Humiliating loss for India

Humiliating loss for India

Hussey, Hilfenhaus help Australia score commanding 110-run win

Humiliating loss for India

The imposing grandstand and the highly biased and loud Australian fans justify Brisbane Cricket Gound’s nickname – the Gabbatoir, a place for visiting teams to get slaughtered.

Such is their impressive record here that Australia walk on to the field with that ‘our venue’ feeling.
After two successive defeats against India and Sri Lanka, the sight of Gabba might have filled in them a sense of invincibility that they translated into a commanding 110-run victory over India on Sunday. Australia thus moved back to the top of the table with 14 points, while India slid to second with 10 points.

It was a brilliant effort from Australia, and they need to thank their bowlers profusely for coming up with an aggressive effort right from the first ball after a solid batting performance led them to 288 for five in 50 overs. The Indian chase ended at 178 all out in 43.3 overs.

There was no one more impressive than Ben Hilfenhaus, who returned to wear coloured clothes after a gap of more than two years. Incidentally, the Tasmanian’s last one-dayer was also against India, in Hyderabad on November 5, 2009. But Hilfenhaus, who had a wonderful Test series against India last month, didn’t show signs of any rust, rattling the Indian batsmen with a five-wicket haul (5/33) that earned him the man of the match award.

The Gabba pitch has always offered something for bowlers willing to read the conditions here, and Hilfenhaus utilised the bounce and swing to telling effect. Virat Kohli fell to Hilfenhaus’ ability to procure swing. Kohli failed to resist the temptation of playing Hilfenhaus’ awayswinger that nestled in the hands of David Hussey at slip.

Though Kohli was not too pleased with the decision to give him out, Hilfenhaus could derive immense pleasure from the way he bowled to the Delhi lad. If swing pushed Kohli to perdition, bounce ended Mahendra Singh Dhoni’s stay. The Indian skipper, who notched up his second fifty of the tri-series, couldn’t keep his pull shot off Hilfenhaus in check, and it ended up in the hands of Daniel Christian at mid-wicket. Hilfenhaus might buy stumper Mathew Wade, who took five catches on the day, a few cans of beer for holding on to a couple of sharp chances, especially the ones to dismiss Zaheer Khan and Irfan Pathan.

However, Brett Lee too should be given a share of credit for inflicting some early blows by removing Gautam Gambhir and Rohit Sharma. Gambhir, who made two scores in the 90s in the last two matches, feathered a quick delivery to Wade while Rohit’s attempt to slash Lee too ended in the hands of Wade.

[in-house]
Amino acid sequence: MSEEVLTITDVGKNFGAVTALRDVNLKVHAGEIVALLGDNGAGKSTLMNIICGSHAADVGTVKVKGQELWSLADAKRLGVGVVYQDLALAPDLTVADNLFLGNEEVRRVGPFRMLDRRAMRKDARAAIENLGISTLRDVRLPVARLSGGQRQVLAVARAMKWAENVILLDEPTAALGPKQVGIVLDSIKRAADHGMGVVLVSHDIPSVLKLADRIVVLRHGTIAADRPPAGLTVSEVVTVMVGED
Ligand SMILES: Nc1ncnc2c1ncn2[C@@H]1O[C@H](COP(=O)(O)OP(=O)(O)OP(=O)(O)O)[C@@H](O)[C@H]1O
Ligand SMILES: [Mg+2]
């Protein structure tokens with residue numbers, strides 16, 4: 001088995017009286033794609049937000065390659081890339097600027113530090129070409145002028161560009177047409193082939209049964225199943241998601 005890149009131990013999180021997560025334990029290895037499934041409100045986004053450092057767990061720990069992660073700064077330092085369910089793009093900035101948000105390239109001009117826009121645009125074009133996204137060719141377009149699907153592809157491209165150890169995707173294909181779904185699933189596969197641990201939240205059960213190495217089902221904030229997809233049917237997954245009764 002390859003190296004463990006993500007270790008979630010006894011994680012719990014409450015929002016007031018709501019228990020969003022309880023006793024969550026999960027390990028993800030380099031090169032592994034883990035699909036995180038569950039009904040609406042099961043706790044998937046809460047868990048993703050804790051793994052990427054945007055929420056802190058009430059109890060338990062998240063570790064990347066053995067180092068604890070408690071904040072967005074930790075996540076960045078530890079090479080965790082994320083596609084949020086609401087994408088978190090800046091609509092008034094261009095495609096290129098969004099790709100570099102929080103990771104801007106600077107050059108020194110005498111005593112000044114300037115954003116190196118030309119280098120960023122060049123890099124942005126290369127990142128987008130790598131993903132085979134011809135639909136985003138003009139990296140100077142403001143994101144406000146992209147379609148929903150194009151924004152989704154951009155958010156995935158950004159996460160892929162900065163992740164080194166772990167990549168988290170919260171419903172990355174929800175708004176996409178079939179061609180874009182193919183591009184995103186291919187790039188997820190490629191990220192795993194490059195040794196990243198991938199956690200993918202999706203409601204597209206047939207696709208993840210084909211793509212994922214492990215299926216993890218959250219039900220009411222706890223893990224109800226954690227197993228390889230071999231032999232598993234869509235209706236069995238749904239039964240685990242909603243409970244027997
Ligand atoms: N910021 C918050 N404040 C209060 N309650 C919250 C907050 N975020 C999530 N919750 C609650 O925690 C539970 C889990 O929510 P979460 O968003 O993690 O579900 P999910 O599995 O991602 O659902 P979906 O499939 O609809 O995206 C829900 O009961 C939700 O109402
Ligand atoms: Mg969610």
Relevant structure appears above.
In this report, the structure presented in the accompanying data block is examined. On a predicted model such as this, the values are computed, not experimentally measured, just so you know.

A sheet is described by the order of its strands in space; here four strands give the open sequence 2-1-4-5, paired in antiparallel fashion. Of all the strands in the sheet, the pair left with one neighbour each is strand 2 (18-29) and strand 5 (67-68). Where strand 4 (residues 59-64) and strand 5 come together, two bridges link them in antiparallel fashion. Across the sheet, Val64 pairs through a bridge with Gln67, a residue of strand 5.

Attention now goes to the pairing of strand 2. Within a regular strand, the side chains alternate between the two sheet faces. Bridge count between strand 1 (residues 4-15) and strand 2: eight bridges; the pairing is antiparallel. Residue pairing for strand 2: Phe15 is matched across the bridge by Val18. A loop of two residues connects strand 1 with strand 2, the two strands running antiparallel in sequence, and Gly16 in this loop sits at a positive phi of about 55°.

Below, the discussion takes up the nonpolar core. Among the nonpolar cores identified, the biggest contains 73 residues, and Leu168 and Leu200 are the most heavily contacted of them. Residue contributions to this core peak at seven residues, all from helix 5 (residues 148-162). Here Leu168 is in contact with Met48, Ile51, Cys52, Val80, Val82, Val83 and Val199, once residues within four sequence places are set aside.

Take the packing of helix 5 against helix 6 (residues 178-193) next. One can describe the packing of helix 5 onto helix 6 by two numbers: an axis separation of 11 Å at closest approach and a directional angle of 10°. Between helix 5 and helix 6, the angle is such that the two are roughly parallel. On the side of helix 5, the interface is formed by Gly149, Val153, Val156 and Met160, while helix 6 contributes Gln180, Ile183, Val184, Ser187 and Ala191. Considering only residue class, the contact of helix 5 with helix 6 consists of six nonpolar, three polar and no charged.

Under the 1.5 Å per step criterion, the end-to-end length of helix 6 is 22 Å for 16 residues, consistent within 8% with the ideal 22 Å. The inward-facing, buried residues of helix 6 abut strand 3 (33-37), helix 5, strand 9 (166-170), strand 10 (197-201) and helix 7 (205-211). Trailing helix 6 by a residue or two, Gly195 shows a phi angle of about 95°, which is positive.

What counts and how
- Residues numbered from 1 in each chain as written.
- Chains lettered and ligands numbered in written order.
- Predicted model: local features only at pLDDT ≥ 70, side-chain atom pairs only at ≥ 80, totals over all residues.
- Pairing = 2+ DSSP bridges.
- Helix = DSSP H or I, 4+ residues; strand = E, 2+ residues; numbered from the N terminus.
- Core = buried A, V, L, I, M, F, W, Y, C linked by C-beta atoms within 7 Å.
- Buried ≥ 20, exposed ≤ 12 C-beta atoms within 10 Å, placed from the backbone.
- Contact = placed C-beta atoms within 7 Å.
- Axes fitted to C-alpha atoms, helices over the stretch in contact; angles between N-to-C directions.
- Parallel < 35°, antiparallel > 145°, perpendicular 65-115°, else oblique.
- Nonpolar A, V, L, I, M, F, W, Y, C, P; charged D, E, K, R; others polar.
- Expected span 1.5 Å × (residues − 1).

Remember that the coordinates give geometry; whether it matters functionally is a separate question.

But it wasn’t that India were completely absent from the field. They too had their share of moments under the sun like when they managed to dislodge David Warner, who added 70 for the opening wicket with Wade, and skipper Ricky Ponting within 13 runs.

The two dismissals slowed down the progress of Australia considerably, as Wade and Peter Forrest concentrated on not giving away another wicket to India. Wade was jettisoned against the run of the play when he scooped a simple return catch to Rohit, and India’s misery also started with that dismissal.

Mike Hussey and Forrest milked 100 for the fourth wicket, and the alliance was not without incidents. Dhoni effected a stumping off Suresh Raina when Hussey was on one, and the on-field umpires referred it to the third umpire for reviewing, and the Indians might have been a relieved lot once the giant screen flashed ‘out’.

But it lasted only a few seconds as umpire Billy Bowden ran after Hussey, who had already started his walk back to the hut, to call him back much to the bewilderment of the Indians, who were told that there was a technical snag.

From that point, Hussey, who made 59, and Forrest squeezed the life out of the Indians till Pathan evicted the duo in the space of six runs. David Hussey and Christian were much more blatant in punishing the sloppy Indians, cracking 65 runs in the last six overs, and Australia never let the momentum of that late blitz slip away.

Score board


Wade c&b Rohit    45
(67b, 2x4, 1x6)
Warner c Tendulkar b Pathan    43
(46b, 5x4, 1x6)
Ponting c Pathan b Zaheer    7
Forrest c Kohli b Pathan    52
(71b, 5x4)
M Hussey c Raina b Pathan    59
(52b, 6x4)
D Hussey (not out)    26
(20b, 1x4, 1x6)
D Christian (not out)    30
(18b, 5x4)

Extras (B-2, LB-12, W-12)    26

Total (for 5 wkts, 50 overs)    288

Fall of wickets: 1-70 (Warner), 2-83 (Ponting), 3-117 (Wade), 4-217 (M Hussey), 5-223 (Forrest).

Bowling: Zaheer 10-0-46-1 (w-4), Vinay 10-0-60-0 (w-1), Pathan 10-0-61-3 (w-5), Raina 10-0-44-0, Yadav 7-0-46-0 (w-1), Rohit 3-0-17-1 (w-1).

Scoring pattern: 5 overs: 17/0; 10: 51/0; 20: 85/2; 30: 129/3; 40: 187/3; End of innings: 288/5 in 50 overs.

Power Play1: 1-10 overs: 51/0; Power Play 2: 16-20: 12/1; Power Play3: 36-40: 37/0.


Gambhir c Wade b Lee    5
(5b, 1x4)

Tendulkar c Doherty b Hilfenhaus    3

Kohli c D Hussey b Hilfenhaus    12

Rohit c Wade b Lee    0

Raina c Wade b Christian    28
(41b, 1x4, 1x6)

Dhoni c Christian b Hilfenhaus    56
(84b, 2x4, 1x6)

Jadeja c Forrest b Starc    18
(35b, 1x4)

Pathan c Wade b Hilfenhaus    19
(27b, 1x4, 1x6)

Vinay b Lee    6

Zaheer c Wade b Hilfenhaus    9
(11b, 2x4)

Yadav (not out)    6
(6b, 1x4)

Extras (LB-4, W-10, NB-2)    16

Total (all out, 43.3 overs)    178

Fall of wickets: 1-8 (Gambhir), 2-15 (Tendulkar), 3-19 (Rohit), 4-36 (Kohli), 5-82 (Raina), 6-114 (Jadeja), 7-149 (Dhoni), 8-162 (Vinay), 9-168 (Pathan).

Bowling: Hilfenhaus 9.3-1-33-5 (nb-1, w-1), Lee 10-0-49-3 (nb-1, w-3), Christian 6-0-27-1 (w-2), Starc 8-0-36-1 (w-2), Doherty 10-0-29-0 (w-2).

Scoring pattern: 5 overs: 15/2; 10: 33/3; 20: 70/4; 30: 114/5; 40: 160/7; End of innings: 178 all out in 43.3 overs.

Power Play1: 1-10 overs: 33/3; Power Play2: 16-20: 21/0; Power Play3: 35-39: 26/1.